Difference Between FDM and TDM
TDM (Time Division Multiplexing) and FDM (Frequency Division Multiplexing) are two methods of multiplexing multiple signals into a single carrier. Multiplexing is the process of combining multiple signals into one, in such a manner that each individual signal can be retrieved at the destination. Since multiple signals are occupying the channel, they need to share the resource in some manner. The primary difference between FDM and TDM is how they divide the channel. FDM divides the channel into two or more frequency ranges that do not overlap, while TDM divides and allocates certain time periods to each channel in an alternating manner. Due to this fact, we can say that for TDM, each signal uses all of the bandwidth some of the time, while for FDM, each signal uses a small portion of the bandwidth all of the time.
TDM provides greater flexibility and efficiency, by dynamically allocating more time periods to the signals that need more of the bandwidth, while reducing the time periods to those signals that do not need it. FDM lacks this type of flexibility, as it cannot dynamically change the width of the allocated frequency.
The advantage of FDM over TDM is in latency. Latency is the time it takes for the data to reach its destination. As TDM allocates time periods, only one channel can transmit at a given time, and some data would often be delayed, though it’s often only in milliseconds. Since channels in FDM can transmit at any time, their latencies would be much lower compared to TDM. FDM is often used in applications where latency is of utmost priority, such as those that require real-time information.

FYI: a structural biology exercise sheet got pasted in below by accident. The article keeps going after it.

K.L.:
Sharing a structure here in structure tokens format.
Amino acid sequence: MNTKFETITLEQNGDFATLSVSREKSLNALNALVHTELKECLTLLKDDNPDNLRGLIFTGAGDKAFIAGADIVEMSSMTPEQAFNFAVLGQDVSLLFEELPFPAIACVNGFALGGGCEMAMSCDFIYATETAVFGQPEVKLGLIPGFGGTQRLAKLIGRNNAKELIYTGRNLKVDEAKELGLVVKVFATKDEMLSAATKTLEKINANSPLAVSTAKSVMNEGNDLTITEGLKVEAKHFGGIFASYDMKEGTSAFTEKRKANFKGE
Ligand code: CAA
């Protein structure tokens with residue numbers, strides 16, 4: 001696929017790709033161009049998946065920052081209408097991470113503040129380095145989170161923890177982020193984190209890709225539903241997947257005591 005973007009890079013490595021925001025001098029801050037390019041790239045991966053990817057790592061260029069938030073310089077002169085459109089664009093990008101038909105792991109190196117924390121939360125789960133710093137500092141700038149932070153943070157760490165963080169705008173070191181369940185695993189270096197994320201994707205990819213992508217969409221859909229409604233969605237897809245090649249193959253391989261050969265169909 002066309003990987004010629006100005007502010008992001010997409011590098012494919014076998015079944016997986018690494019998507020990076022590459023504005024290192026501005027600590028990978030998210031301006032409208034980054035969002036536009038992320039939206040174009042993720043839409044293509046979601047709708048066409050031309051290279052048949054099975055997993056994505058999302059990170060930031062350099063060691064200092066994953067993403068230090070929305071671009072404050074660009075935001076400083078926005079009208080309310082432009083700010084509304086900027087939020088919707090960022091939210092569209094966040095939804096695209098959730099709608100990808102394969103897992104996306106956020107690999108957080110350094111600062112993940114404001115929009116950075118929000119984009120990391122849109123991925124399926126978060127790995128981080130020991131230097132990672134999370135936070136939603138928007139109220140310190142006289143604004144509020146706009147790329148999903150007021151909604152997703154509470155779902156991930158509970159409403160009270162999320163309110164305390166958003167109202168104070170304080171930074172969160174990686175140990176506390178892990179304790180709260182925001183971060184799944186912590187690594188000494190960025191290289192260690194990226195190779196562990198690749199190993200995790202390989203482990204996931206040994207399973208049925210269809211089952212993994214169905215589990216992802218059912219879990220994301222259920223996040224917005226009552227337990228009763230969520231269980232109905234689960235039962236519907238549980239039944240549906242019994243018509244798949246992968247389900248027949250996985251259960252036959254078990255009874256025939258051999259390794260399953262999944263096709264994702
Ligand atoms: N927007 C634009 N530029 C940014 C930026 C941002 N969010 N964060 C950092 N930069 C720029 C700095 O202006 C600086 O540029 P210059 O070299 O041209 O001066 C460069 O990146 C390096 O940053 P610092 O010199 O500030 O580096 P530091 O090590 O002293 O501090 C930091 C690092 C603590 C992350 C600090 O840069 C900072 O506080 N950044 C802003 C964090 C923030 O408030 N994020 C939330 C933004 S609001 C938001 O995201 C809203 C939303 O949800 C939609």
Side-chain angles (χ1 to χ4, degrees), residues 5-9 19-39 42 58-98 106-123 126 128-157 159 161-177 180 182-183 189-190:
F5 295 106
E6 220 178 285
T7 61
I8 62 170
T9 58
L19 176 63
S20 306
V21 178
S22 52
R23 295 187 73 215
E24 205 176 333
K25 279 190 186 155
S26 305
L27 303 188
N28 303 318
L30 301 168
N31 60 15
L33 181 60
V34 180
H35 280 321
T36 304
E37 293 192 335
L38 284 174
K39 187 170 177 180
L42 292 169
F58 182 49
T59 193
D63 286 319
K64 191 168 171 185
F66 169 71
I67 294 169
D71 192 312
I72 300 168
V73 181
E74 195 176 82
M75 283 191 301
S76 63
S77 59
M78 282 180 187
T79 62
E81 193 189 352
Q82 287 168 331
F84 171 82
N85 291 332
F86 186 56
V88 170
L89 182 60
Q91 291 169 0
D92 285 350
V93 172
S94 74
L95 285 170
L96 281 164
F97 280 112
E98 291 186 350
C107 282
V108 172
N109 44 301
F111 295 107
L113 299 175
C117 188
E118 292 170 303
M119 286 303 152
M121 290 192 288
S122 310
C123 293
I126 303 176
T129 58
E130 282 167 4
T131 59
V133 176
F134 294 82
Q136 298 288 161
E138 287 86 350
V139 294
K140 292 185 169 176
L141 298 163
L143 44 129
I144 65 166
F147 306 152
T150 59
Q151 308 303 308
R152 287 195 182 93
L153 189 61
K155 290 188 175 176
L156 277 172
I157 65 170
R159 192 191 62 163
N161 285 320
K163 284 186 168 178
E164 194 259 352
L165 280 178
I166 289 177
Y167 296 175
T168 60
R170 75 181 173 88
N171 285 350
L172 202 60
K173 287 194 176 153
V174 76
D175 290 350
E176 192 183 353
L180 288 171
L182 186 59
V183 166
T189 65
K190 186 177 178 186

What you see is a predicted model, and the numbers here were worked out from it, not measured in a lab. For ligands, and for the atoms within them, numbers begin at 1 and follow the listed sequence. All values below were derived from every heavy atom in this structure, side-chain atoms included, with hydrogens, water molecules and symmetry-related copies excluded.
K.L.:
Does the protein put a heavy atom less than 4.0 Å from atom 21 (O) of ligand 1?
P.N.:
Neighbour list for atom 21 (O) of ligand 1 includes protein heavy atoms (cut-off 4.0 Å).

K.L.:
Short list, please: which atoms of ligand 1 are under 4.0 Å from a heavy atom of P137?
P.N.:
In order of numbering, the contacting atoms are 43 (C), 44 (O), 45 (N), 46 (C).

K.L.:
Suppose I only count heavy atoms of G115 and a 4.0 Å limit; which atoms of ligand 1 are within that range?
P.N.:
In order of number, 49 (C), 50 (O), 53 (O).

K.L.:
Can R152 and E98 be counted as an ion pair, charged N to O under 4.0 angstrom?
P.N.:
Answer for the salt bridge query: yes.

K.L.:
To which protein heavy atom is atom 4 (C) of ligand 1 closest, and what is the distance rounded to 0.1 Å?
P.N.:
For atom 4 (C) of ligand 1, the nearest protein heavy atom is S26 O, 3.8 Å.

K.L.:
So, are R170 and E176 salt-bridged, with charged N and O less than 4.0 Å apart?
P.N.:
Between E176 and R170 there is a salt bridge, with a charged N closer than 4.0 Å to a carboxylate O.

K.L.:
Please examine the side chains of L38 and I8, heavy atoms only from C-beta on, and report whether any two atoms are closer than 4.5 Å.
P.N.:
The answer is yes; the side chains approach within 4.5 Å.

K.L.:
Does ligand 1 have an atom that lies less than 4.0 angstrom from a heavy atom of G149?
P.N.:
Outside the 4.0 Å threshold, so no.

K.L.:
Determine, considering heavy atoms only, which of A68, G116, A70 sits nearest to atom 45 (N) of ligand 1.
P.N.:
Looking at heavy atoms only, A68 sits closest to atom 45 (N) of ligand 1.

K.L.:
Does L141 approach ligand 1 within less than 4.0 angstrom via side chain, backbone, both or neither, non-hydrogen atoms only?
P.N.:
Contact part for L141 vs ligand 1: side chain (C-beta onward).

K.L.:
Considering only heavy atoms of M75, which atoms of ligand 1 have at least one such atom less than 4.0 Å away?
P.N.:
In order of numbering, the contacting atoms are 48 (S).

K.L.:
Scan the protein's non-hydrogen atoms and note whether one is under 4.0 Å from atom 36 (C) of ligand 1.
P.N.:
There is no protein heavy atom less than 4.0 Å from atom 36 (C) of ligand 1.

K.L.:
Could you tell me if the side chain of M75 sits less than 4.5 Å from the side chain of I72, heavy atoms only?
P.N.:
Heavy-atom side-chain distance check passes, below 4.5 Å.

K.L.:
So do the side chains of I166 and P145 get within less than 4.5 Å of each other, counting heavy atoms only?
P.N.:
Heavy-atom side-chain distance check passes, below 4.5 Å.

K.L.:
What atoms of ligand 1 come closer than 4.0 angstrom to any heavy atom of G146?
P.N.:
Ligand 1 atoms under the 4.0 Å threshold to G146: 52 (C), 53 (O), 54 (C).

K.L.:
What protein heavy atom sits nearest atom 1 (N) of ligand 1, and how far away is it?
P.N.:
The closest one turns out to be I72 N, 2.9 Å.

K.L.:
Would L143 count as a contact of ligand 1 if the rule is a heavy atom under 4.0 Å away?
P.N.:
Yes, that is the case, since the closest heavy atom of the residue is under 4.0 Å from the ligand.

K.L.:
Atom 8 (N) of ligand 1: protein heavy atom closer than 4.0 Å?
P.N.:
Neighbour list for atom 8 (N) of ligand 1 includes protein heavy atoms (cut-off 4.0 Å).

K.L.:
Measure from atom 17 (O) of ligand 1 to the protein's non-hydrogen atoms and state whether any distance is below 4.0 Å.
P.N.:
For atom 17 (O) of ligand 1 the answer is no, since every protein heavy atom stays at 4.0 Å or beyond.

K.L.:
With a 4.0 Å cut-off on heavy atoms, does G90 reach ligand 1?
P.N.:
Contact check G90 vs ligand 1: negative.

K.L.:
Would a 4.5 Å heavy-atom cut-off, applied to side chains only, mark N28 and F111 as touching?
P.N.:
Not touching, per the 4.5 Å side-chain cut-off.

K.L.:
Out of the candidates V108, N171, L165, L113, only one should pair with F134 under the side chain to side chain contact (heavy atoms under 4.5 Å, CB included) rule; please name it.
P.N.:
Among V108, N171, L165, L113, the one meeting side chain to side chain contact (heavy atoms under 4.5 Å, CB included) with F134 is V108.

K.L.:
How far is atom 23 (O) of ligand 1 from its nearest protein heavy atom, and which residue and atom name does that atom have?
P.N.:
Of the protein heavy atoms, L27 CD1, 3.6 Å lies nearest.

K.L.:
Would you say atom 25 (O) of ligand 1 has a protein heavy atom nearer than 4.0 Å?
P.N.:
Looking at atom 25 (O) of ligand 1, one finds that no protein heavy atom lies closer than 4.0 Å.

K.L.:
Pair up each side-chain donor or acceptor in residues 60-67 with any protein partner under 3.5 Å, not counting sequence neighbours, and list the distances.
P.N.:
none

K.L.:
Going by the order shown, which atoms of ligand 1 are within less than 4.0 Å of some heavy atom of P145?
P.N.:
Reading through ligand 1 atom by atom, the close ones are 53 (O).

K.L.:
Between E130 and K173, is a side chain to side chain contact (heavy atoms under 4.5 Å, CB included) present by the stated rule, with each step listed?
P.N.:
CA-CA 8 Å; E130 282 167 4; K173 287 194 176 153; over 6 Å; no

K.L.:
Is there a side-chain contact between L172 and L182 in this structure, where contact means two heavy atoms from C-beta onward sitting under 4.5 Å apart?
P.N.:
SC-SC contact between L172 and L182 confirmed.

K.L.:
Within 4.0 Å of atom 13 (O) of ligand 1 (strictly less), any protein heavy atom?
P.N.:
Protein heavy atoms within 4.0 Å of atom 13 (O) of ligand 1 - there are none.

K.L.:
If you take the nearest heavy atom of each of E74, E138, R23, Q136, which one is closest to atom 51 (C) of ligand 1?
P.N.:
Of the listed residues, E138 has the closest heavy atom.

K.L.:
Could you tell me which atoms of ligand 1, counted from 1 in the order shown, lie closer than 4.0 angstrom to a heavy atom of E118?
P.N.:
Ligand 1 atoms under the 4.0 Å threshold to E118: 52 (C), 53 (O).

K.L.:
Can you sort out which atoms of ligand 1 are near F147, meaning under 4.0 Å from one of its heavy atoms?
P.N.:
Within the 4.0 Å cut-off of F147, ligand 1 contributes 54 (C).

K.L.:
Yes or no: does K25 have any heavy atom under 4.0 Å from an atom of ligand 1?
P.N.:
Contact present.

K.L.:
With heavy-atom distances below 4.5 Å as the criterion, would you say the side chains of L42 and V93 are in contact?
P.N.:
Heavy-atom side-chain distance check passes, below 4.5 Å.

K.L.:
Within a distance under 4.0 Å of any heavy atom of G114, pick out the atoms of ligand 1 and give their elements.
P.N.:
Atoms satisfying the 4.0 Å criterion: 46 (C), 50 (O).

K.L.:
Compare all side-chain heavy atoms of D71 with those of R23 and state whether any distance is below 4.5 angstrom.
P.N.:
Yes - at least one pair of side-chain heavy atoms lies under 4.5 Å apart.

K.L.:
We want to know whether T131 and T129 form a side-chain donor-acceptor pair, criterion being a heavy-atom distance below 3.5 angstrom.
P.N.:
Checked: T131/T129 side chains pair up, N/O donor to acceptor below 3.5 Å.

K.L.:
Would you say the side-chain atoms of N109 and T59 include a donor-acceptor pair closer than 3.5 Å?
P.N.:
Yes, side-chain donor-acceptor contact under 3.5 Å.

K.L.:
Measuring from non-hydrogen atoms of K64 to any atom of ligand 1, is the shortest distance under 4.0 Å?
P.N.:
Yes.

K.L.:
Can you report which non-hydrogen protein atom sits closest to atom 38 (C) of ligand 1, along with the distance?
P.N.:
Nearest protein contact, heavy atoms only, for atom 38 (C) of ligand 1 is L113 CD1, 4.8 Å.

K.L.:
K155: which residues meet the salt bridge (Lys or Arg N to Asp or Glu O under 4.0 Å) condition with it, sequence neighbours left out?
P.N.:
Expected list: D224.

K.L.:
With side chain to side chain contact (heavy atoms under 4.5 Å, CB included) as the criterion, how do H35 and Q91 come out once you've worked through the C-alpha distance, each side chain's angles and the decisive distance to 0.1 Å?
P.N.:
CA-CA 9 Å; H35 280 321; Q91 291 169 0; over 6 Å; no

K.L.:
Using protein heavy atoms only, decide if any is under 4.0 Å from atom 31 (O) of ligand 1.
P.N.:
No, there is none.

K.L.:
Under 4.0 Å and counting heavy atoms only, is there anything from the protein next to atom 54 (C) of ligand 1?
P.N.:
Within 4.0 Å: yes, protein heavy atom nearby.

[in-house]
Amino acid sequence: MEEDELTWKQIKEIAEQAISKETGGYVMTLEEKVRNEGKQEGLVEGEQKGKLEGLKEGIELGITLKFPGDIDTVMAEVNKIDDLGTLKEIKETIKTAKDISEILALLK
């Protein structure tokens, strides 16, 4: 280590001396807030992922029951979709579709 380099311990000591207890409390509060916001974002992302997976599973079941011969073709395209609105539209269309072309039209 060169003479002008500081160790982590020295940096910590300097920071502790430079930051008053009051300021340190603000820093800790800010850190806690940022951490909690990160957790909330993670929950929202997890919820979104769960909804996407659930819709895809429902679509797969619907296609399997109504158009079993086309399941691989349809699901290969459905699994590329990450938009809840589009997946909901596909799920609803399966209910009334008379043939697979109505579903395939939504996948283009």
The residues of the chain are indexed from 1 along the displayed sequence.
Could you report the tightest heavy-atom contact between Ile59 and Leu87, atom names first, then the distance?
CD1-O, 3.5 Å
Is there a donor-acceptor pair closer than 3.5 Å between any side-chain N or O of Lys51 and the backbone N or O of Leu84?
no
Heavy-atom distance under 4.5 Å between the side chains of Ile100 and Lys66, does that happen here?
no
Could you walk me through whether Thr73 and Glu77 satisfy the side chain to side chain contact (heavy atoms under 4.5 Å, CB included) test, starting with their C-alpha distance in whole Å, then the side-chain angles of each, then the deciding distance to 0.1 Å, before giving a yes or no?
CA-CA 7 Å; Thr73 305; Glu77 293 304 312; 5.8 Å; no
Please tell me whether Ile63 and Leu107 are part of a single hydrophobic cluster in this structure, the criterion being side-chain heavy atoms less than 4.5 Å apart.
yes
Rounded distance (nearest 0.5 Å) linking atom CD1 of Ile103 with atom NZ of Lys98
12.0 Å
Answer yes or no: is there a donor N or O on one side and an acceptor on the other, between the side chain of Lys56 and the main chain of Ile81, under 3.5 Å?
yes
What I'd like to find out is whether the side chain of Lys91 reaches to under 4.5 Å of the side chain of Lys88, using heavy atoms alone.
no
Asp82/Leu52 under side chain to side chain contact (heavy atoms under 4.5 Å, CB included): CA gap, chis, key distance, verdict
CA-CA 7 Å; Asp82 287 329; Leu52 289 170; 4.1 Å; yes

FDM and TDM are often used in tandem, to create even more channels in a given frequency range. The common practice is to divide the channel with FDM, so that you have a dedicated channel with a smaller frequency range. Each of the FDM channels is then occupied by multiple channels that are multiplexed using TDM. This is what telecoms do to allow a huge number of users to use a certain frequency band.
1. FDM divides the channel into multiple, but smaller frequency ranges to accommodate more users, while TDM divides a channel by allocating a time period for each channel.
2. TDM provides much better flexibility compared to FDM.
3. FDM proves much better latency compared to TDM.
4. TDM and FDM can be used in tandem.
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